Mechanistic analysis of ammonium cation stability for alkaline exchange membrane fuel cells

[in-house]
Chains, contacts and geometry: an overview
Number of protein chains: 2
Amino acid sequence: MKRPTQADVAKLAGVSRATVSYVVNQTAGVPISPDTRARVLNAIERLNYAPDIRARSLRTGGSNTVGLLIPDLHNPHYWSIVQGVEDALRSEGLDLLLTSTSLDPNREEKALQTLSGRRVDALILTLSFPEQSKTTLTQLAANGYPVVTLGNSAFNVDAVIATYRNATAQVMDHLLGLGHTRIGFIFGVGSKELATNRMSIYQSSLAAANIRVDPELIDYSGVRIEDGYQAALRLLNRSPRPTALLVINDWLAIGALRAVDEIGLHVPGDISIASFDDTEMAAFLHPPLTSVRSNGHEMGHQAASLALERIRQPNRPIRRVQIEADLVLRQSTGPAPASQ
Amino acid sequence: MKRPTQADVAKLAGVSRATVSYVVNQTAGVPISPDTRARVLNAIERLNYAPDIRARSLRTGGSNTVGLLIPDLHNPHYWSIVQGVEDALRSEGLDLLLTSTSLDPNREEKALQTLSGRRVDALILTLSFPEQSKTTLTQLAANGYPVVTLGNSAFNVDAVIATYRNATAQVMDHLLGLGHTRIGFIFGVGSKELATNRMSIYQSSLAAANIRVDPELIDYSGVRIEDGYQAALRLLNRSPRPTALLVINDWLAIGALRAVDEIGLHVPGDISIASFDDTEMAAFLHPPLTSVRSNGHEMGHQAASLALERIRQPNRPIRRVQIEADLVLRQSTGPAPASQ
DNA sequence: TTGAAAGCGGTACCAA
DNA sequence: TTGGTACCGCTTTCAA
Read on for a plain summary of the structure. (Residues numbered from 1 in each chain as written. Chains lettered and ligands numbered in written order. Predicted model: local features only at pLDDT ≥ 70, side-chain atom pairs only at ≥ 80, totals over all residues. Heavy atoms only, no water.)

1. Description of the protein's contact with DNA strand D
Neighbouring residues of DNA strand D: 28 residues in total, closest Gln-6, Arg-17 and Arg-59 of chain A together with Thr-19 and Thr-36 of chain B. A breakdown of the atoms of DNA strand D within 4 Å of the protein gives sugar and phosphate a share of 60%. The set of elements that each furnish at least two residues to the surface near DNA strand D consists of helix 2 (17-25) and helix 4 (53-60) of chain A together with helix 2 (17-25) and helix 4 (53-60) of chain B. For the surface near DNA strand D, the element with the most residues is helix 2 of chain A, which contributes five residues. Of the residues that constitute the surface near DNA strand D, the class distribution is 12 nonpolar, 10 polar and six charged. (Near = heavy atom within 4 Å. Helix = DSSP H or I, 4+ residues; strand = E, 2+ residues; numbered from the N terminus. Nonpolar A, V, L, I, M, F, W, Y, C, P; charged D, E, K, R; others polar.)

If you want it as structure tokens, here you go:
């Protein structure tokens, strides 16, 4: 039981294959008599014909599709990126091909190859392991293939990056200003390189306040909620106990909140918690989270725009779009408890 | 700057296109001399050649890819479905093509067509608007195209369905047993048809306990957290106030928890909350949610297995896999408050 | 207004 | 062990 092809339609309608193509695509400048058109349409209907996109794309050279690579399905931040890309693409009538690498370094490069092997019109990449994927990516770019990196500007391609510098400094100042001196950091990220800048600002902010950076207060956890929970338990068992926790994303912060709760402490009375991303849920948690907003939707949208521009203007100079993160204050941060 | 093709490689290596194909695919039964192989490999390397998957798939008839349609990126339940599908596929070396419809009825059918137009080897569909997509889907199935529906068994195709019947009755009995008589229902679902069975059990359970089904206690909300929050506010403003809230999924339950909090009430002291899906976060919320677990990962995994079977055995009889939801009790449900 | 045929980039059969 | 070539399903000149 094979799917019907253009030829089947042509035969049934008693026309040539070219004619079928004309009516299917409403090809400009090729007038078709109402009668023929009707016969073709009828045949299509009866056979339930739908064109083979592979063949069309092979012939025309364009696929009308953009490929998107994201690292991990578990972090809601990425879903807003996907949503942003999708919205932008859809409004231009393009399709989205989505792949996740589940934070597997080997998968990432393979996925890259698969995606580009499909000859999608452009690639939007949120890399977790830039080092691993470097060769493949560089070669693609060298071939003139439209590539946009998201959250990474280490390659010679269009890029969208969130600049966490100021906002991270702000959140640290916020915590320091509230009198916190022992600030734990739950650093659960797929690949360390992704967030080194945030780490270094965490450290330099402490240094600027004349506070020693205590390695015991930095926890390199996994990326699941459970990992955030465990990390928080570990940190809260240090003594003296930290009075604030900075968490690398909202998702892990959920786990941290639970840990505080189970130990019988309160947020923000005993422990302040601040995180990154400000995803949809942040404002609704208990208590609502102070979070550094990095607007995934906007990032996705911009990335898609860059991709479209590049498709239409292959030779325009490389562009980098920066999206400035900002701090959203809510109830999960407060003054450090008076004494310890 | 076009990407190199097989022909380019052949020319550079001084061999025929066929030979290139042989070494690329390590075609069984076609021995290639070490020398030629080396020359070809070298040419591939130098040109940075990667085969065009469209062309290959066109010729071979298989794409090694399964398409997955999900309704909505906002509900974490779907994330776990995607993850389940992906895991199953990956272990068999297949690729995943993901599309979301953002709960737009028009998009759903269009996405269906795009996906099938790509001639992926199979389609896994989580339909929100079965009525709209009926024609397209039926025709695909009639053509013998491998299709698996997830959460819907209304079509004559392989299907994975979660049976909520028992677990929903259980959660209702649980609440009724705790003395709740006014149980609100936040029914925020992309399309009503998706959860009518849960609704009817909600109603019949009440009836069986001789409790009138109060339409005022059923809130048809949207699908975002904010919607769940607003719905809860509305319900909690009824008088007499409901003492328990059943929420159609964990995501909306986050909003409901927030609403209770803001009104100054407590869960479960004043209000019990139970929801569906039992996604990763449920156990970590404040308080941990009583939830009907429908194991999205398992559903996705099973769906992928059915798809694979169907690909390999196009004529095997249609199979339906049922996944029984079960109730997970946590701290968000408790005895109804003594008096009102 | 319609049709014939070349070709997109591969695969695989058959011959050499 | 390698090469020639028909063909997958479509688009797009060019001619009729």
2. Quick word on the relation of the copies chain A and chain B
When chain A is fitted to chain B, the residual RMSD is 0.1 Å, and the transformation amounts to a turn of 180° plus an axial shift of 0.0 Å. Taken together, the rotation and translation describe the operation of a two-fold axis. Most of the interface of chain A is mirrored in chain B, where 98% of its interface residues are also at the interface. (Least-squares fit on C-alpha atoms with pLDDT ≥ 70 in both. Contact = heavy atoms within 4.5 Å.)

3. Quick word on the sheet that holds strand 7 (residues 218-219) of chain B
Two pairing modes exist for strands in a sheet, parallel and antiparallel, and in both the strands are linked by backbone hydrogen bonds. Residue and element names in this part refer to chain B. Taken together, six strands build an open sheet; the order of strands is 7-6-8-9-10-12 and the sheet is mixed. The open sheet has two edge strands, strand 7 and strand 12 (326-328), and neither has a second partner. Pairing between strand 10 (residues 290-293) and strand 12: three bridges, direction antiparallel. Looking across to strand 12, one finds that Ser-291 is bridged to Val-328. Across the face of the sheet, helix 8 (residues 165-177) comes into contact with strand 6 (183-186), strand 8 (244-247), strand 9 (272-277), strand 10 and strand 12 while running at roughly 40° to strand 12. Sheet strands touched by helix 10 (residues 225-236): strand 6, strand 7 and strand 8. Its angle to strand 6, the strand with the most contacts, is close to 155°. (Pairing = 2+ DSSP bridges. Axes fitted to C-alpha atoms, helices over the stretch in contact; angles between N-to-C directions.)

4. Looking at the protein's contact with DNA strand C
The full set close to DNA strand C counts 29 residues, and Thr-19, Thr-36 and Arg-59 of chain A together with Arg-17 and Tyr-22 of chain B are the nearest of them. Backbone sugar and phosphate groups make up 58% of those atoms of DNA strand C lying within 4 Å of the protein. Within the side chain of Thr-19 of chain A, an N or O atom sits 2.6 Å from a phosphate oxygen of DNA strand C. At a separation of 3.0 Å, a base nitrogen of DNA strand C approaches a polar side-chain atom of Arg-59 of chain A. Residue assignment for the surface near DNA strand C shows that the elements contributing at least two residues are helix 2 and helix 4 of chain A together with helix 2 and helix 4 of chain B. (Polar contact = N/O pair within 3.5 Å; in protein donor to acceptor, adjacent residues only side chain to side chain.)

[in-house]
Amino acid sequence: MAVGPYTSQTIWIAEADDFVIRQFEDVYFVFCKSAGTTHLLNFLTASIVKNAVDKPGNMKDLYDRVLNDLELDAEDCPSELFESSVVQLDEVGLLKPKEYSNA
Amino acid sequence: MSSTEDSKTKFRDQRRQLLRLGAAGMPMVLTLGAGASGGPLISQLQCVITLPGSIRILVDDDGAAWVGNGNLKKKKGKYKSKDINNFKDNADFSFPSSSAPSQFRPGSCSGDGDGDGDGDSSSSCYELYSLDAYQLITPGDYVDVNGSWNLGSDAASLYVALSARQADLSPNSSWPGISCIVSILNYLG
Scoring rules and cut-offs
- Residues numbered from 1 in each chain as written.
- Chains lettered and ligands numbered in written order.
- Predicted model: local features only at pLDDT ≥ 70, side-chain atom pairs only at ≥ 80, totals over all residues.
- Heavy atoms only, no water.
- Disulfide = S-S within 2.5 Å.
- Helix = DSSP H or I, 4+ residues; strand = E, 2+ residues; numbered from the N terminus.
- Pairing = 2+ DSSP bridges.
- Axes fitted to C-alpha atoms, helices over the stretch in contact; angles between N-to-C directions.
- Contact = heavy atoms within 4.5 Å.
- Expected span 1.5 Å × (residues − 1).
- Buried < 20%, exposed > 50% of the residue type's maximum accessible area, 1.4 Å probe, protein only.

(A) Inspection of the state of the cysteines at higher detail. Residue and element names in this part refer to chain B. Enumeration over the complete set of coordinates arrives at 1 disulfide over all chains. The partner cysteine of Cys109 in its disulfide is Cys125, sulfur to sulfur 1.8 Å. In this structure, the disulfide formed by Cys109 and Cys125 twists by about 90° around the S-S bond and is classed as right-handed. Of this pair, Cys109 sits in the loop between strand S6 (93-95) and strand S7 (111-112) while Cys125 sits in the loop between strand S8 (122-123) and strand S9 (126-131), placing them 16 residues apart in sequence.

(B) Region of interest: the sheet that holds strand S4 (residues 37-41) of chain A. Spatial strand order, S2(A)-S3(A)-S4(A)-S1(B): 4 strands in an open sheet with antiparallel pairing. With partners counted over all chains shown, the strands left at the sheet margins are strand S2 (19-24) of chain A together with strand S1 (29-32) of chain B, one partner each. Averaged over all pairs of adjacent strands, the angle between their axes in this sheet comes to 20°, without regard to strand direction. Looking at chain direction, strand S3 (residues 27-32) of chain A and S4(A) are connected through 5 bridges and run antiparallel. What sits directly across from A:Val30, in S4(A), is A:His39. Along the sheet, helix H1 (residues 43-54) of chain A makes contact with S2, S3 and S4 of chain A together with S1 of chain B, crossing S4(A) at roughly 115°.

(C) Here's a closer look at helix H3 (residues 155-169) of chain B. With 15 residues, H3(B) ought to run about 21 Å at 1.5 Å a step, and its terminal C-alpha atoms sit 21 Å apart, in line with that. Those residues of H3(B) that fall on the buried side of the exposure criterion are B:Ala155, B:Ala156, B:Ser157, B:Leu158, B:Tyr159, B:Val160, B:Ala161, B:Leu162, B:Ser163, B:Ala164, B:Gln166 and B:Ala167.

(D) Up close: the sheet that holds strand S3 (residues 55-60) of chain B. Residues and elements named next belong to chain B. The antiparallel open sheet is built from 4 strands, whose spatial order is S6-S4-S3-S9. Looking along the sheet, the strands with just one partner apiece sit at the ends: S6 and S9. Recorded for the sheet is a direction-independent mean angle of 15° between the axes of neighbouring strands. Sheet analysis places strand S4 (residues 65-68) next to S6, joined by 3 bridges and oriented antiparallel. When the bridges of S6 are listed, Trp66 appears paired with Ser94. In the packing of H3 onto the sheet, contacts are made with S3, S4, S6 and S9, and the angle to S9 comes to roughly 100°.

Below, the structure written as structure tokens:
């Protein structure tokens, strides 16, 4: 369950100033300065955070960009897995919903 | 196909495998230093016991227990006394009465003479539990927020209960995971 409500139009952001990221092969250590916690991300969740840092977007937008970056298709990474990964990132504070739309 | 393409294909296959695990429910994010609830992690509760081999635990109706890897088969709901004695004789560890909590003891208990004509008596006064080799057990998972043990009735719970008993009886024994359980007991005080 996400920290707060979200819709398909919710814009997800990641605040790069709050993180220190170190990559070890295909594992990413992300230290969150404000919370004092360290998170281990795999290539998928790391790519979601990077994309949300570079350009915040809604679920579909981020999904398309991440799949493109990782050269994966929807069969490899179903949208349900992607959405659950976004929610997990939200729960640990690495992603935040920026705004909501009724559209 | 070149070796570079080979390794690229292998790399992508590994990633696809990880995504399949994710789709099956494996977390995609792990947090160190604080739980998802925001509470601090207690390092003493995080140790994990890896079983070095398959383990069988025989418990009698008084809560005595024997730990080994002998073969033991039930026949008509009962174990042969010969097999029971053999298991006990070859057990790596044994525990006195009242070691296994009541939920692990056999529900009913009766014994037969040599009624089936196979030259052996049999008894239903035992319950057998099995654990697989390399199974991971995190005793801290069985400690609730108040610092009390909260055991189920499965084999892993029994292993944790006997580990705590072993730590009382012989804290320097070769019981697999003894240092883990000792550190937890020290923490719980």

Improving long-term cation stability is crucial for adopting anion exchange membrane fuel cells as a commercially viable technology in clean energy conversion applications. To reliably identify the most stable cation structures, we analyzed the cation stability of various synthetically prepared quaternary ammonium organic molecules via a silver oxide ion exchange reaction. This method enabled us to compare the stability of various structures of quaternary ammonium hydroxide in pure form in water without excess alkaline solution or inconsistencies faced in the presence of polymer backbones. By quantitatively comparing cation degradation via NMR, we were able to identify three cation structures with greater cation stability than the most well-known benzyltrimethylammonium. In addition, we were able to elucidate byproduct formation and degradation mechanisms as a result of hydroxide attack. From this study we concluded that alkyl-substituted cations seem to impart greater stability than benzylic-substituted cations in the presence of hydroxide anions in aqueous solution.